Five Questions with Sandy Pack 

Q: Throughout your career, including both of the Bush-Cheney campaigns and at the U.S. Army, you have managed complex financial operations. What are the key differences in managing financial operations in the private sector versus the public sector?

A. The biggest difference is in the budgeting and managing the spending. I did not know, and I think most Americans do not appreciate, that our country does not budget for war. When the Commander-in-Chief orders the U.S. Army to go to war, it finances war operations via its existing Operations and Maintenance Appropriation (OMA) until it can be reimbursed via a supplemental appropriation passed by Congress. In war and in a Presidential campaign, the goal is the same: to win. You can’t win if you run out of money. Tracking and managing your spending in accordance with your budget projections is key. In both cases, you are dependent on others to provide the money to finance your mission. Smart spending can make all the difference in the outcome.

Q: What is your favorite memory from the 2000 Bush-Cheney campaign? 

A: December 13, 2000, 36 days after Election Day, listening to then Vice-President Al Gore’s gracious concession speech and then sitting in the Chamber of the Texas House of Representatives and listening to President-Elect Bush’s victory speech. My favorite line from President-Elect Bush’s speech was this one: “Whether you voted for me or not, I will do my best to serve your interests and I will work to earn your respect.”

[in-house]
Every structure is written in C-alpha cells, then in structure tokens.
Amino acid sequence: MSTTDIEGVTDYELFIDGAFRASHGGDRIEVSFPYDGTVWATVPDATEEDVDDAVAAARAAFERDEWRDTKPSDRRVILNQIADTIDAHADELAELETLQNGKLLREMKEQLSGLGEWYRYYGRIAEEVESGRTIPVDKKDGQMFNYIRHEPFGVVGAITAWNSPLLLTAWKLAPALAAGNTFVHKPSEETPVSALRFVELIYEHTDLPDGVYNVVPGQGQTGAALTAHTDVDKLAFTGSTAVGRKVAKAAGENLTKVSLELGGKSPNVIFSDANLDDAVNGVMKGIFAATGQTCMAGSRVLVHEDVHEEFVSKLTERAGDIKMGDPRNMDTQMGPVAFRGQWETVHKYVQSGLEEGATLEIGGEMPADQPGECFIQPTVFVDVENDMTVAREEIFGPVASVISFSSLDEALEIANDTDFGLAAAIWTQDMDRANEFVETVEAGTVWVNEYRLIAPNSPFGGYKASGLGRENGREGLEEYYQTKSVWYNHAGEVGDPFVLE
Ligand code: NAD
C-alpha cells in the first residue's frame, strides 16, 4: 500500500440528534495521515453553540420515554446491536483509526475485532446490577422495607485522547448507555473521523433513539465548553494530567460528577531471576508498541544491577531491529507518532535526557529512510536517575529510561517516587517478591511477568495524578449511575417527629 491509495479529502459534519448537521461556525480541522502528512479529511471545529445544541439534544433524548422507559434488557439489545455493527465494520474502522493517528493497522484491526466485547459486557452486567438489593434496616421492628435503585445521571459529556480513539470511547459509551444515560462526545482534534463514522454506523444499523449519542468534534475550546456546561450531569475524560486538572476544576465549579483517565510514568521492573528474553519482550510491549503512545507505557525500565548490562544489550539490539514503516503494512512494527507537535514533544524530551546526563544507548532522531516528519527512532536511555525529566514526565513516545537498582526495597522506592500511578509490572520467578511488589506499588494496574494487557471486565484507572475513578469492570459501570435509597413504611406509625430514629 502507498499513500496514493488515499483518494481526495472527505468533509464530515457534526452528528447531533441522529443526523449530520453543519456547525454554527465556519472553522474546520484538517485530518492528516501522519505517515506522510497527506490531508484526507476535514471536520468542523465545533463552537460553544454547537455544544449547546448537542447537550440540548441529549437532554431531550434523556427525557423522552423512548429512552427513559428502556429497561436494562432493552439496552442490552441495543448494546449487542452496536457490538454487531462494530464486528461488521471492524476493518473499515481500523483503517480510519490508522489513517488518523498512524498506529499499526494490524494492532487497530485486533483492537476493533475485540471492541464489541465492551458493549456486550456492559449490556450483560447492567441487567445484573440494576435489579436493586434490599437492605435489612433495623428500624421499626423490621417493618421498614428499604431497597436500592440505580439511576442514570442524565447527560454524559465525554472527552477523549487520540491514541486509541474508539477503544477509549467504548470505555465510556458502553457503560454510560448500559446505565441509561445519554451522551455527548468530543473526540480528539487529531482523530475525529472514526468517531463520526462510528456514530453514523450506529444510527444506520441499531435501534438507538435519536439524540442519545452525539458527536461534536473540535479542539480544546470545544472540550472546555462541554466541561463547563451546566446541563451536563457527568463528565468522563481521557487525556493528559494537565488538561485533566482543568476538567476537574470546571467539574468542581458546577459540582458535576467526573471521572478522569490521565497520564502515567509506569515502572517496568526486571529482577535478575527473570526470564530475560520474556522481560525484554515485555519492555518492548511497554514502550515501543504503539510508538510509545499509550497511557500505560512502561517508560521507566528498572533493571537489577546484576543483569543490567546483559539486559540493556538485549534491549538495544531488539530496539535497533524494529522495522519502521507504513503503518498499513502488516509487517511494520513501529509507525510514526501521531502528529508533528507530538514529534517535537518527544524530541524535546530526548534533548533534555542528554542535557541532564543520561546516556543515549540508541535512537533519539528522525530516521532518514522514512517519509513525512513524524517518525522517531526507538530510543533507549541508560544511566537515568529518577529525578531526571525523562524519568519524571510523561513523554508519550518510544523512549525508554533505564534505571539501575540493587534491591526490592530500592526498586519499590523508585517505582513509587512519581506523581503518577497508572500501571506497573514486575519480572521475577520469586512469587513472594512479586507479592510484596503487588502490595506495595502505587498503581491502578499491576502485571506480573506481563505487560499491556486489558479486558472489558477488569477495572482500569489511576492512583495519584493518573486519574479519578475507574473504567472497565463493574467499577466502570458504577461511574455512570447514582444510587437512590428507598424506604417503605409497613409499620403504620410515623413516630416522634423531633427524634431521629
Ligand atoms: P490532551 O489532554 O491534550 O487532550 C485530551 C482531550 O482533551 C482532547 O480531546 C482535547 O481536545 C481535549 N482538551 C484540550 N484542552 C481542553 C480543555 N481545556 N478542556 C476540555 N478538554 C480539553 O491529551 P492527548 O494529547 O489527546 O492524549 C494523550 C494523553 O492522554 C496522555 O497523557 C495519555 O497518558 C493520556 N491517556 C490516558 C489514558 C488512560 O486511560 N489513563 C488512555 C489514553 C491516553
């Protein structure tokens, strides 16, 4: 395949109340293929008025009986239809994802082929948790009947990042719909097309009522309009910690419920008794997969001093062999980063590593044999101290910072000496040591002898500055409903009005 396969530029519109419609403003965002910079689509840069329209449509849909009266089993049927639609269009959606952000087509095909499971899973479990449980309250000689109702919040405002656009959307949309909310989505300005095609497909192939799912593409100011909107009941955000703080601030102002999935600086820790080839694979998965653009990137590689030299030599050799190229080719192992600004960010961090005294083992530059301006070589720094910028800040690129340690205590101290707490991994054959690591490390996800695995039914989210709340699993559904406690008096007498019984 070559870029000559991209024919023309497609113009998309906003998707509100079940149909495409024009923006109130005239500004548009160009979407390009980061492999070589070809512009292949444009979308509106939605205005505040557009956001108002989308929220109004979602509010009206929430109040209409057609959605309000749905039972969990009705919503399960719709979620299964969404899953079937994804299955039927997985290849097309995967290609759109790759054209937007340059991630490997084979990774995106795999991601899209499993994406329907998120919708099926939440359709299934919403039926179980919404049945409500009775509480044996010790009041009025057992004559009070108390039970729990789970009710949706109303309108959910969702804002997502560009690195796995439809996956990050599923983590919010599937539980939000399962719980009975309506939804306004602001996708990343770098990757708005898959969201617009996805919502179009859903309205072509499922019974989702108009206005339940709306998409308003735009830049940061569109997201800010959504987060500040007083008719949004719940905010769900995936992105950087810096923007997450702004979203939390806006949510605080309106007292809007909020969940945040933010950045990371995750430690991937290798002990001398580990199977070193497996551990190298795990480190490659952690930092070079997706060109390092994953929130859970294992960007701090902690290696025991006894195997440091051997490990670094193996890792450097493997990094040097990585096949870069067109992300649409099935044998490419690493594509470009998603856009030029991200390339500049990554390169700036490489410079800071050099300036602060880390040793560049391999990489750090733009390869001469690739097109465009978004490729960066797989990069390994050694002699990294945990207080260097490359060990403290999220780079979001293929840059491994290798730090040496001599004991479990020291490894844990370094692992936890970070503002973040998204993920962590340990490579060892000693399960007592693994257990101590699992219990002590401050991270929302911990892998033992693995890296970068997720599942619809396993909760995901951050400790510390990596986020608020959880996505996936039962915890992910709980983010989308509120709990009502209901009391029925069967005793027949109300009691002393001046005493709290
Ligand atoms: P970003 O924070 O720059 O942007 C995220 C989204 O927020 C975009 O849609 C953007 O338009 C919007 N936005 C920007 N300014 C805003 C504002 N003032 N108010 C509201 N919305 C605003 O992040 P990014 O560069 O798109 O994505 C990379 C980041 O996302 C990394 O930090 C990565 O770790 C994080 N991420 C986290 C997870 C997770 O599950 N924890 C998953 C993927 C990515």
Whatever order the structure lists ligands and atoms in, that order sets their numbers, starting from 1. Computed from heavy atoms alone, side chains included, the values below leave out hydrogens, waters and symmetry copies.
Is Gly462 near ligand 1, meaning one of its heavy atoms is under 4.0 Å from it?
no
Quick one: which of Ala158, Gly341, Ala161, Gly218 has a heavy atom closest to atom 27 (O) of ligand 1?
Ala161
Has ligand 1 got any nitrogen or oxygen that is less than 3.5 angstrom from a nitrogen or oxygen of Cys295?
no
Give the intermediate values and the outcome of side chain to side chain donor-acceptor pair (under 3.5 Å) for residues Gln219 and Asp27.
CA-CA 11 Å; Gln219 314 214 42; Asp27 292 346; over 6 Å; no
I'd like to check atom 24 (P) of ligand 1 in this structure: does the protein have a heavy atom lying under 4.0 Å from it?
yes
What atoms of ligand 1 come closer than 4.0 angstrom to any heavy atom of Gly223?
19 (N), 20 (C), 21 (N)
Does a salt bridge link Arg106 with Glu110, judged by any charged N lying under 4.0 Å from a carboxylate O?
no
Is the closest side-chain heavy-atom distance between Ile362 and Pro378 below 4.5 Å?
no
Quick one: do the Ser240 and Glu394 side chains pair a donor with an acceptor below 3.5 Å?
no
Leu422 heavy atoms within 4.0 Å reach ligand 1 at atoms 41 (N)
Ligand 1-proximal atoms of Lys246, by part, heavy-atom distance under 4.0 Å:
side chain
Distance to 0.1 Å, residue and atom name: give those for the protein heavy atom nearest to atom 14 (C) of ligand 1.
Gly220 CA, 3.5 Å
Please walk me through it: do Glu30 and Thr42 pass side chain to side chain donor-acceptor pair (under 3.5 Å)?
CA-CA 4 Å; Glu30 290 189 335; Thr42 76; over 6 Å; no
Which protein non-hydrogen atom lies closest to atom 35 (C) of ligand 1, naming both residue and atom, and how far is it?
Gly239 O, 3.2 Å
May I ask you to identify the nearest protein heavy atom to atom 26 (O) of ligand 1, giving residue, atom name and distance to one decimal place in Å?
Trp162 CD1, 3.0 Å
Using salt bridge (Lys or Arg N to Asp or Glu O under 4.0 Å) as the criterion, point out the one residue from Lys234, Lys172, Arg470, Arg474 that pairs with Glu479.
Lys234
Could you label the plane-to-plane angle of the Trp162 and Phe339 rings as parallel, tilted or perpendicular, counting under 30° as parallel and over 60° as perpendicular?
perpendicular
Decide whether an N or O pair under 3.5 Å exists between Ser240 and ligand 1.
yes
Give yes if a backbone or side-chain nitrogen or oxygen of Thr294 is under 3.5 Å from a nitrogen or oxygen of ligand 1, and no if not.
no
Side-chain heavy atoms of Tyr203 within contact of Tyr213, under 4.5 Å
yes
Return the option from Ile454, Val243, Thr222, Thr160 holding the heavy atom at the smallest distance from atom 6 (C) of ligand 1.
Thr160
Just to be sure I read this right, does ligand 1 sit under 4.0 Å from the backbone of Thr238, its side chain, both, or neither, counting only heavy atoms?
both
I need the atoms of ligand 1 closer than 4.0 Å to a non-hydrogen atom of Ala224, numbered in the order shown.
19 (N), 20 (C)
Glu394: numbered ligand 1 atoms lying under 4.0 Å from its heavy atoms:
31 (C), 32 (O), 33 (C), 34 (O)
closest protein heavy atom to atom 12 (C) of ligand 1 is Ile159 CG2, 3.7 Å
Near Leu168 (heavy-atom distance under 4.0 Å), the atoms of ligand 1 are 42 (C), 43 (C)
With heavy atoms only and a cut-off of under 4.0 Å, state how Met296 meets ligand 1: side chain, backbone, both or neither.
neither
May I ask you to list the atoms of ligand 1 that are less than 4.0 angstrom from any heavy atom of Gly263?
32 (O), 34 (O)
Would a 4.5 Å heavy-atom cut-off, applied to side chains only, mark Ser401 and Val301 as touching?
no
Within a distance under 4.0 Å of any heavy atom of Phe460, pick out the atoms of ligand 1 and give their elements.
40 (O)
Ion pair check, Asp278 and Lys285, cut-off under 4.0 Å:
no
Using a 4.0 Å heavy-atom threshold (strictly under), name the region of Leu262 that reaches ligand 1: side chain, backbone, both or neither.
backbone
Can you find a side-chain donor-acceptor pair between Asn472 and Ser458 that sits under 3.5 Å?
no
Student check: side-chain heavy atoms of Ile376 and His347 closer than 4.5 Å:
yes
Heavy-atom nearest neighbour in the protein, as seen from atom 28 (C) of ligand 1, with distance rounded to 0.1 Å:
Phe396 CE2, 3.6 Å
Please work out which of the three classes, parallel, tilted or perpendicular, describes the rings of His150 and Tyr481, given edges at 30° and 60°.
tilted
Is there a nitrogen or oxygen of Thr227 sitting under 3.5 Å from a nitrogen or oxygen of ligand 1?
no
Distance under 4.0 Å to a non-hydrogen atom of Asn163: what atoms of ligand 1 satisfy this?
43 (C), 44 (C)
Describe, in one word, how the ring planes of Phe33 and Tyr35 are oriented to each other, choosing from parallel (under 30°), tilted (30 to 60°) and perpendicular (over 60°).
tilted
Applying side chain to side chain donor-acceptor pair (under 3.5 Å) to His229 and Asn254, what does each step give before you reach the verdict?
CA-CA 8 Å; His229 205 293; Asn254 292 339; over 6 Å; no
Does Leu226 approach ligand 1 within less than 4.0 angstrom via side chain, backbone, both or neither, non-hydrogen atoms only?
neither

Q. What do you like most about working with the U.S. military?

A. When I hear President Bush talk about the remarkable people who answer the call to serve our country and his intent to spend the rest of his life supporting our military, I could not agree more. That is a commitment that President Bush and I share and it is why I have been serving as Chief Audit Executive for the U.S. Army Corps of Engineers for the past 8 years and why I joined the Board of Directors for the Army Historical Foundation (AHF) in 2015.

We all make choices in life, but few of us willingly volunteer to defend our Nation and our Constitution. This, in my mind, is the key distinction between the profession of arms and most other professions, including mine as a CPA. A soldier in combat, when necessary and under the proper rules of engagement, commits to two things: (1) the taking of other human lives, and (2) the forfeiting of his/her own life for the sake of the mission. That is a profound commitment. I could not respect our military more and I want to do everything I can to support them.

Q:  As a member of the Army Historical Foundation board, you have played a key role in the National Museum of the U.S. Army, which opens on Fort Belvoir, Va. in late 2019.  How did the museum project get started?